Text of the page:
How you conduct yourself in the first few days in a new role creates an impression that lingers throughout the time that you work in the same company. In a way, it defines your career path in that organization in the days ahead.
Says business coach Shrikant Dua, “Every organization has a different approach towards the on-boarding plan. But most companies follow the principle that the crucial time for any employee in a new set-up is a period of 100 days. This sets the template for what is to come and what the employee is expected to achieve. While many companies spend big bucks in the hiring process, they also pay heed to a perfect on-boarding plan, especially for senior employees. If you have hired someone whose performance will have a direct impact on the company, it is an imperative to set the tone from the very start. One way to achieve that is to take small 30-day steps. Make the employee aware of what he is expected to know at the end of 30-60-90 days in the office. This is a fantastic model for them to contribute immediately while still learning how the organization functions.”
As this sensitive on-boarding process kicks off, it’s more than a formality or even a crucial learning period. It’s the time when you,
too, set expectations and put in place what you need to succeed in your new role.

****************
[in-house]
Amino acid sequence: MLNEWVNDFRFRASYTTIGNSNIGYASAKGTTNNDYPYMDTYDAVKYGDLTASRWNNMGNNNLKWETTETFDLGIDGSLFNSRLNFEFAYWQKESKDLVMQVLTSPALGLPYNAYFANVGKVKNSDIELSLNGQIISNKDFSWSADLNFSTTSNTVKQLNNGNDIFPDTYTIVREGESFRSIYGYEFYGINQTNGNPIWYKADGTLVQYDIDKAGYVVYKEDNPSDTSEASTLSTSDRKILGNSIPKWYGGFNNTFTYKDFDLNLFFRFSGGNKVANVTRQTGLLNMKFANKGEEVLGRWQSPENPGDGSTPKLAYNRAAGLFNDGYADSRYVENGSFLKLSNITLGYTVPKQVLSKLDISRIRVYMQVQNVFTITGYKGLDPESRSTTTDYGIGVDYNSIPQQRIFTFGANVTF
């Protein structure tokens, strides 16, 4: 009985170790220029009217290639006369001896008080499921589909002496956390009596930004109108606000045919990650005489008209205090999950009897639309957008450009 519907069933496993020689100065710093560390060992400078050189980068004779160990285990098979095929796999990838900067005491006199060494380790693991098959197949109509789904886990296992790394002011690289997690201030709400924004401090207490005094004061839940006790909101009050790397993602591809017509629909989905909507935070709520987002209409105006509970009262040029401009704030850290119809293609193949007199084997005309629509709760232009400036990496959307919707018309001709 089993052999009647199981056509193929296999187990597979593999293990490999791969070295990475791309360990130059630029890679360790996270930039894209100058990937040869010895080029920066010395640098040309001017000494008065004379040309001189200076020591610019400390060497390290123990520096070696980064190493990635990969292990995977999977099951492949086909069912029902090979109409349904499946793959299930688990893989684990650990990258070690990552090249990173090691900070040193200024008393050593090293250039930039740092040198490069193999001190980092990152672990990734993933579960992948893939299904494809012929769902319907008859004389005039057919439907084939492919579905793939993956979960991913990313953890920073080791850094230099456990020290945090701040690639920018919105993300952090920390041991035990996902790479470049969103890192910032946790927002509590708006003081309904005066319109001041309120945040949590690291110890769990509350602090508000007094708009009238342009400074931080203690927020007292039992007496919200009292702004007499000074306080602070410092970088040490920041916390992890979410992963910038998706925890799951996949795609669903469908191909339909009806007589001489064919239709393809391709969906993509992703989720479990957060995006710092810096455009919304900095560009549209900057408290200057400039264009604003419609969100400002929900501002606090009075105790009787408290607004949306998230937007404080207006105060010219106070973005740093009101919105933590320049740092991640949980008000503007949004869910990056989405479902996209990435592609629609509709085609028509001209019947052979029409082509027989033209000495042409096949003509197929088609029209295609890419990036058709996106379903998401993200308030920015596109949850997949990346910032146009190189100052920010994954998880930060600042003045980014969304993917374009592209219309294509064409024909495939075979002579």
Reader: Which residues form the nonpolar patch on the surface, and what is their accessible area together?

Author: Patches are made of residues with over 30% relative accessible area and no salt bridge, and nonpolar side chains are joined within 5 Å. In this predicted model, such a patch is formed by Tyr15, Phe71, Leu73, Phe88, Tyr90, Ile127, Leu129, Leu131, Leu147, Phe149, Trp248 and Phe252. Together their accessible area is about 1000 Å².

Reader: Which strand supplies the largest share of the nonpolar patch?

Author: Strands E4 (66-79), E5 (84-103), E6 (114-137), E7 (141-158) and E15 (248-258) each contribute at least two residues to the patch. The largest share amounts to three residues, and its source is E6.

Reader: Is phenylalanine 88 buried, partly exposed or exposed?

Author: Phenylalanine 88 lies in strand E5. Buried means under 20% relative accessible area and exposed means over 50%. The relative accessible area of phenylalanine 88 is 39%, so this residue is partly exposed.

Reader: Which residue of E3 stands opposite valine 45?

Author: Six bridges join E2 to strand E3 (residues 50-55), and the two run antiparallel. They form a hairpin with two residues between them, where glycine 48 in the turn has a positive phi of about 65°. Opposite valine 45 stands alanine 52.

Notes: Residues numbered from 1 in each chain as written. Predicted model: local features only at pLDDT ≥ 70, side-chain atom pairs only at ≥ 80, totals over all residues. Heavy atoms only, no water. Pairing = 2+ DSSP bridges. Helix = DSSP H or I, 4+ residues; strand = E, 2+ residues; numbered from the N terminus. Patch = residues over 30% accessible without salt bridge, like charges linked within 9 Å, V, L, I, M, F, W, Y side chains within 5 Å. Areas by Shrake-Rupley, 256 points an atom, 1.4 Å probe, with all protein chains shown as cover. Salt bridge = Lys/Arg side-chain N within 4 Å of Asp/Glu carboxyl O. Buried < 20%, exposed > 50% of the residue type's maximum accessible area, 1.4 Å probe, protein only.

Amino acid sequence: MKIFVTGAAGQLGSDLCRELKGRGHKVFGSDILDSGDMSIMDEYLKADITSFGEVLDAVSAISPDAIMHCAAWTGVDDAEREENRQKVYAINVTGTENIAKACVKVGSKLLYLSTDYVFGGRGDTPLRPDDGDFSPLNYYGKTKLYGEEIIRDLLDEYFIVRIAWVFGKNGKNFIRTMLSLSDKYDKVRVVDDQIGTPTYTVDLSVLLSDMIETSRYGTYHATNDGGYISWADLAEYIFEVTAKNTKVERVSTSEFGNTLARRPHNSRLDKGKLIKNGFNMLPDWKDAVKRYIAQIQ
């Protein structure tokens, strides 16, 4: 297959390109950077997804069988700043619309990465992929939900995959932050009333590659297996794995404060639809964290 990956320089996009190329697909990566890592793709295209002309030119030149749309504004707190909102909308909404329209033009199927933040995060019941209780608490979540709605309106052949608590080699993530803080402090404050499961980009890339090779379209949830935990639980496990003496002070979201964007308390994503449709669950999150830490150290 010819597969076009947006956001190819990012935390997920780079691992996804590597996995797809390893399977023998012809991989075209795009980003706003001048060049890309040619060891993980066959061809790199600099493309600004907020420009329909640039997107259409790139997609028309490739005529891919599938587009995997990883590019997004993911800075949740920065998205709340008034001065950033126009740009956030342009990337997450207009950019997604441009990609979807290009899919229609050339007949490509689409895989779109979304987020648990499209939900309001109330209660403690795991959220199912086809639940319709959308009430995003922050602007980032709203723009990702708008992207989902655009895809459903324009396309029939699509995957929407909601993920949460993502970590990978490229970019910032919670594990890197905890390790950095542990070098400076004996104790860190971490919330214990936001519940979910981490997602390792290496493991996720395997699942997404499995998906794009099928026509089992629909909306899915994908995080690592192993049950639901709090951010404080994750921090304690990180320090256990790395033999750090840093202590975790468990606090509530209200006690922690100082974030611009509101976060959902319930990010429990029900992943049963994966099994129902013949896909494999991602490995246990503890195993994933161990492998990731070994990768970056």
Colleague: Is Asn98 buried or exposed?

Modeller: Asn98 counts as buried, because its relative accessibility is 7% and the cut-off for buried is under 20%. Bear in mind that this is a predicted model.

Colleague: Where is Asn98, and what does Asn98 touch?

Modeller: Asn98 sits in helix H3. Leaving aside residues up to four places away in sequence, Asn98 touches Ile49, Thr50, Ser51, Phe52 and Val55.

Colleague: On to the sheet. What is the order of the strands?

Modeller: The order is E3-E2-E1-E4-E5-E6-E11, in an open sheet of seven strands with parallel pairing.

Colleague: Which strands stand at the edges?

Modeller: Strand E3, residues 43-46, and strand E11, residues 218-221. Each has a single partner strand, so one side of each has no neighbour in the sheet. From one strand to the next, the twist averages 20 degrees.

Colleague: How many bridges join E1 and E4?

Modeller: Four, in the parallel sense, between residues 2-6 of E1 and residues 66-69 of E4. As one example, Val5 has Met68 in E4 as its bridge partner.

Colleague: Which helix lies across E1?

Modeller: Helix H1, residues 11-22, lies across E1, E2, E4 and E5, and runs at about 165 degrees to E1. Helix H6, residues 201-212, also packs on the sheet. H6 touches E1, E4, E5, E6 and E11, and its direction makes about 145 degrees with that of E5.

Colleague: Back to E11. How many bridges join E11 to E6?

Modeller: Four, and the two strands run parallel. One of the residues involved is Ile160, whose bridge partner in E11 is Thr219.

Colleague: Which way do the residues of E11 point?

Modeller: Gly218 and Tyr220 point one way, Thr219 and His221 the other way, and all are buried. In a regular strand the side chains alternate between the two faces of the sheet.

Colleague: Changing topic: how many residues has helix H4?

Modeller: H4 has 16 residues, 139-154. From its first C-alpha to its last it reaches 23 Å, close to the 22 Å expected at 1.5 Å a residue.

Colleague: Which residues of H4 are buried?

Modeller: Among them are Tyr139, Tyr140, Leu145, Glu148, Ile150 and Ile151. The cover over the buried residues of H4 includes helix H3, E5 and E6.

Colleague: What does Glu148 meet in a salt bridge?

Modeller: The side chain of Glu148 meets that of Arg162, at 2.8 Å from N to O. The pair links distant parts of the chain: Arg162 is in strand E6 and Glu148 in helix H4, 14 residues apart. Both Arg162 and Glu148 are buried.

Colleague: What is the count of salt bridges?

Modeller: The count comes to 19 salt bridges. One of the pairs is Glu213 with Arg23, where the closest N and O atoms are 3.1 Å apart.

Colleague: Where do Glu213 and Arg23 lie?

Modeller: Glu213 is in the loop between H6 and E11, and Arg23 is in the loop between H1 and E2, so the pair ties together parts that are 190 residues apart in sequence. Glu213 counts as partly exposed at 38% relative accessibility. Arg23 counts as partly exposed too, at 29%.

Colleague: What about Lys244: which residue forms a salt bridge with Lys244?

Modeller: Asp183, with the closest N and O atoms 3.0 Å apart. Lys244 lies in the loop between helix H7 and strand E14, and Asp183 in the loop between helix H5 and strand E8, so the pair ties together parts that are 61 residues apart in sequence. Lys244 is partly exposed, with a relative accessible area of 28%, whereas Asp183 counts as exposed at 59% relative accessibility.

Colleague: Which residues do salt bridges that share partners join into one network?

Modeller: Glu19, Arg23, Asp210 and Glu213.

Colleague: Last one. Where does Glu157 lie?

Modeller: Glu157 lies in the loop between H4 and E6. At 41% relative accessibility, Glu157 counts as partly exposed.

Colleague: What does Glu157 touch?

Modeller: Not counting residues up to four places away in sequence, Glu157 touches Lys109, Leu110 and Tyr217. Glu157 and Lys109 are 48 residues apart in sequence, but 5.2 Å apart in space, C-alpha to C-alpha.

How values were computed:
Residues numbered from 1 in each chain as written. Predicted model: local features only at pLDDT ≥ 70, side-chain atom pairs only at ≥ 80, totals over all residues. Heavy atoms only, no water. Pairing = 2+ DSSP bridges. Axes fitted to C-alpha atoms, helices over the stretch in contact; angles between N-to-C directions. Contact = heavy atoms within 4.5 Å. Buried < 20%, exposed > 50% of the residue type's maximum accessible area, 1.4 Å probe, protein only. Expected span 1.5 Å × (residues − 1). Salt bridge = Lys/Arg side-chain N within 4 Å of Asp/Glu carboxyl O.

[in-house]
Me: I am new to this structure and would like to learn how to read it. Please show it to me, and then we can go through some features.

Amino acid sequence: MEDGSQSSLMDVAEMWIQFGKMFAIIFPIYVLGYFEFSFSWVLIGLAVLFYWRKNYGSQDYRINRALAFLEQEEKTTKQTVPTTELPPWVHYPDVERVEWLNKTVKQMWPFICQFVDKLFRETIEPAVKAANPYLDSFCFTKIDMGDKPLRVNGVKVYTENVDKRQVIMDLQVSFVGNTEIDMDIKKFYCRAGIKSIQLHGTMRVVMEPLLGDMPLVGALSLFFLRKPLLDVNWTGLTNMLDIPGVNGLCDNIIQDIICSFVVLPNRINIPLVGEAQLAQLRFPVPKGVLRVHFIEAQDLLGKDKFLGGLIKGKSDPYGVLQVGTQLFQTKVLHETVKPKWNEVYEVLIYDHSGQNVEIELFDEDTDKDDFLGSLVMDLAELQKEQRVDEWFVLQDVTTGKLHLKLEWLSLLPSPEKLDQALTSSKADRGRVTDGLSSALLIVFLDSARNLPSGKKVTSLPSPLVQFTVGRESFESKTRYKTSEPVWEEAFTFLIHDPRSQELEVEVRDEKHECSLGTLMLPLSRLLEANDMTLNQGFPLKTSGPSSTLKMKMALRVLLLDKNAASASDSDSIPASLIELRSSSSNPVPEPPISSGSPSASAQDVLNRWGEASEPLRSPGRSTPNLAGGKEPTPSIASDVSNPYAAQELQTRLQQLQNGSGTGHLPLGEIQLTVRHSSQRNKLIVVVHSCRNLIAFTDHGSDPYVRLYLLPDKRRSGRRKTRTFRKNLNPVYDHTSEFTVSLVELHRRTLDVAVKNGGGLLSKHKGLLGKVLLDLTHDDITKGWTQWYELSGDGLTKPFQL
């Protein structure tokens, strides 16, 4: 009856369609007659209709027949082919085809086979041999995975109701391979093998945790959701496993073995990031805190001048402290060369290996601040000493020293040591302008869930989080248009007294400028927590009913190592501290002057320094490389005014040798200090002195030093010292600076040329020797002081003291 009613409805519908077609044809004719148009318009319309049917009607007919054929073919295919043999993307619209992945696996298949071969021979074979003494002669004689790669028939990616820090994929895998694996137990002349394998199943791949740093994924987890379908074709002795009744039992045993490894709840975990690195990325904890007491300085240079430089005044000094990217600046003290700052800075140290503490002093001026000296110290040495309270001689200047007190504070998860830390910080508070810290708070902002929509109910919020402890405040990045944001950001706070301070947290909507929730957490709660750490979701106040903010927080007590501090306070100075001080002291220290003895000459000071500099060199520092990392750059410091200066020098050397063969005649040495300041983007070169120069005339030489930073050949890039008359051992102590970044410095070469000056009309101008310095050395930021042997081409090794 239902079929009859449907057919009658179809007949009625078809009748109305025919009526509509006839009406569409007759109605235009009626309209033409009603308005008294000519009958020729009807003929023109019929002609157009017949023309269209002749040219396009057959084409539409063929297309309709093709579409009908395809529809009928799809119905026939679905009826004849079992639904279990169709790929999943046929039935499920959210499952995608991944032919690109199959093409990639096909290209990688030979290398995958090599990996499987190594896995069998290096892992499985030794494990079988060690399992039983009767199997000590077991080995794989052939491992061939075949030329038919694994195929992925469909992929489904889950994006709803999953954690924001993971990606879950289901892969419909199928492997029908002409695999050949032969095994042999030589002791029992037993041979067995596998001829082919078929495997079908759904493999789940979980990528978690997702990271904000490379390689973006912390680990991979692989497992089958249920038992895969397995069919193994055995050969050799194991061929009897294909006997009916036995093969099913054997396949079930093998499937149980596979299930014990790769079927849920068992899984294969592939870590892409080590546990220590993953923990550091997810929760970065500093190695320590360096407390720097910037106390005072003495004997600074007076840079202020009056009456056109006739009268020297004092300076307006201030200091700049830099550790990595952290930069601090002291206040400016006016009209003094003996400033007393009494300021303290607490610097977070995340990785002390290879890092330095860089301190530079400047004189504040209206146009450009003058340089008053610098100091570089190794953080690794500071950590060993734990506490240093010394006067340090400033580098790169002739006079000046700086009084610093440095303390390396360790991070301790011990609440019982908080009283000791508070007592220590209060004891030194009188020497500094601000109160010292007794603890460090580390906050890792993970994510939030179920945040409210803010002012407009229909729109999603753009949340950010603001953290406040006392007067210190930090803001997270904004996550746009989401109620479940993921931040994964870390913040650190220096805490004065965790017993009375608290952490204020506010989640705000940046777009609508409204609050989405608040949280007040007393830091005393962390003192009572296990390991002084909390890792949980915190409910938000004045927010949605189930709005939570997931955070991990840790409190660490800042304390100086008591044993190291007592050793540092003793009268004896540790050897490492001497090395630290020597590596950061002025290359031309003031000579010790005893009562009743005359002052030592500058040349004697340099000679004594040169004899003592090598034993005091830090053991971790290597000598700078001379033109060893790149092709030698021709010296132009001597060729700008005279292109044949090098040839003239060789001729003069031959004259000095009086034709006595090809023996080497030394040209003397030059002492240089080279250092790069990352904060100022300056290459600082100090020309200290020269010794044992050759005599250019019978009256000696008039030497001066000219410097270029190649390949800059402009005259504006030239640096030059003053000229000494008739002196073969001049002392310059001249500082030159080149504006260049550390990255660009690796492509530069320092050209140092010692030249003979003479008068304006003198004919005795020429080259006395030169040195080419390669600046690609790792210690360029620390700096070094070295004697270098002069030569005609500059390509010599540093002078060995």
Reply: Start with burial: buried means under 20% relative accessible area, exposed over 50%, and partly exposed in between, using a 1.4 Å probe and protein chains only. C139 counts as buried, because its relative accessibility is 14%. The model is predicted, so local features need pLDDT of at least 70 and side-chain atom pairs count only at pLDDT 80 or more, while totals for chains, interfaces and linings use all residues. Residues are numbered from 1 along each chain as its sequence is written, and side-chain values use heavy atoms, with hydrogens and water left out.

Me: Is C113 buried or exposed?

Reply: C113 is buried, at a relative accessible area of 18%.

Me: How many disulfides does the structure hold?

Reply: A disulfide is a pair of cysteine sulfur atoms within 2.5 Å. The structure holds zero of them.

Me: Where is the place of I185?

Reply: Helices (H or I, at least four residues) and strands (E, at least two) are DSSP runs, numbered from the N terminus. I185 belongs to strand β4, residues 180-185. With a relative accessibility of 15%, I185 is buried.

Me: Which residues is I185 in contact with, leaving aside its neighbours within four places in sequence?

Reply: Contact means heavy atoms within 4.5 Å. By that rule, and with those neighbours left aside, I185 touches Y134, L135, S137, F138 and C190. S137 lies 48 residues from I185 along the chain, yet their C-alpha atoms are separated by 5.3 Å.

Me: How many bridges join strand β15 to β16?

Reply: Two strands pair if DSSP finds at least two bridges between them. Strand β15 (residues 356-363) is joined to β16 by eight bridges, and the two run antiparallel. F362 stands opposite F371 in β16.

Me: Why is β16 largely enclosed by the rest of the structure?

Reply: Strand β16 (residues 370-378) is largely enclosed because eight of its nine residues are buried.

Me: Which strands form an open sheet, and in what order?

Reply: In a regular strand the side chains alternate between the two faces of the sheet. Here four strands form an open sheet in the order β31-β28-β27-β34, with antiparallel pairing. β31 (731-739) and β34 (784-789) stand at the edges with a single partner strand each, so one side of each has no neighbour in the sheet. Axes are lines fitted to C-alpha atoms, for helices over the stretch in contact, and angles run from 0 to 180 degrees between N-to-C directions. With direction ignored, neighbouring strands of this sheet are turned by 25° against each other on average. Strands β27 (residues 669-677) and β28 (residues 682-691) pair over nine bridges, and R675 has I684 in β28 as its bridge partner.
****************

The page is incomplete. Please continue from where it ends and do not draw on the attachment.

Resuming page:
4 ways to set yourself up for success
- Listen and learn
There’s a wealth of information that will come your way – we’re sure you will be listening! Our best tip is this: while you will want to believe the best of your new employer, this is the time you should also be aware of the challenges that the organization faces. The information you pick up will be worth its weight in gold as you swing into action mode.
- Use a 30-60-90 day framework too
Most companies appreciate suggestions on how to better the system. A new outlook is your biggest asset, bringing value to your new role as well as the company. Use the on-boarding period to suggest and if possible introduce changes in a phased manner. Take a leaf out of the employer’s book and use a 30-60-90 day framework to define changes that you’d like to see.
- Cut across departmental lines
Apart from your team and the people you will directly be in contact with, make time to interact with others across the organisation. This will give you a better idea about how the organization actually functions and figure out the rules of on-the-ground implementation. Of course, having a cordial relationship with other decision-makers and their teams will bring its own benefits in the days ahead.
- Make yourself heard
Let the organisation know what you think you can achieve with the resources provided to you. Be alert to the expectations coming your way and don’t hesitate to share your perceptions. If you have a disconnect, this is the time to convey what can and can’t be achieved. Discuss your work style openly and if you have a special request, this is the time to put it on the table. This includes asking IT to load your laptop with the latest software!
Treat your orientation as a warm-up match. This is when you get to know whether there are any bouncers coming your way while preparing for the innings ahead!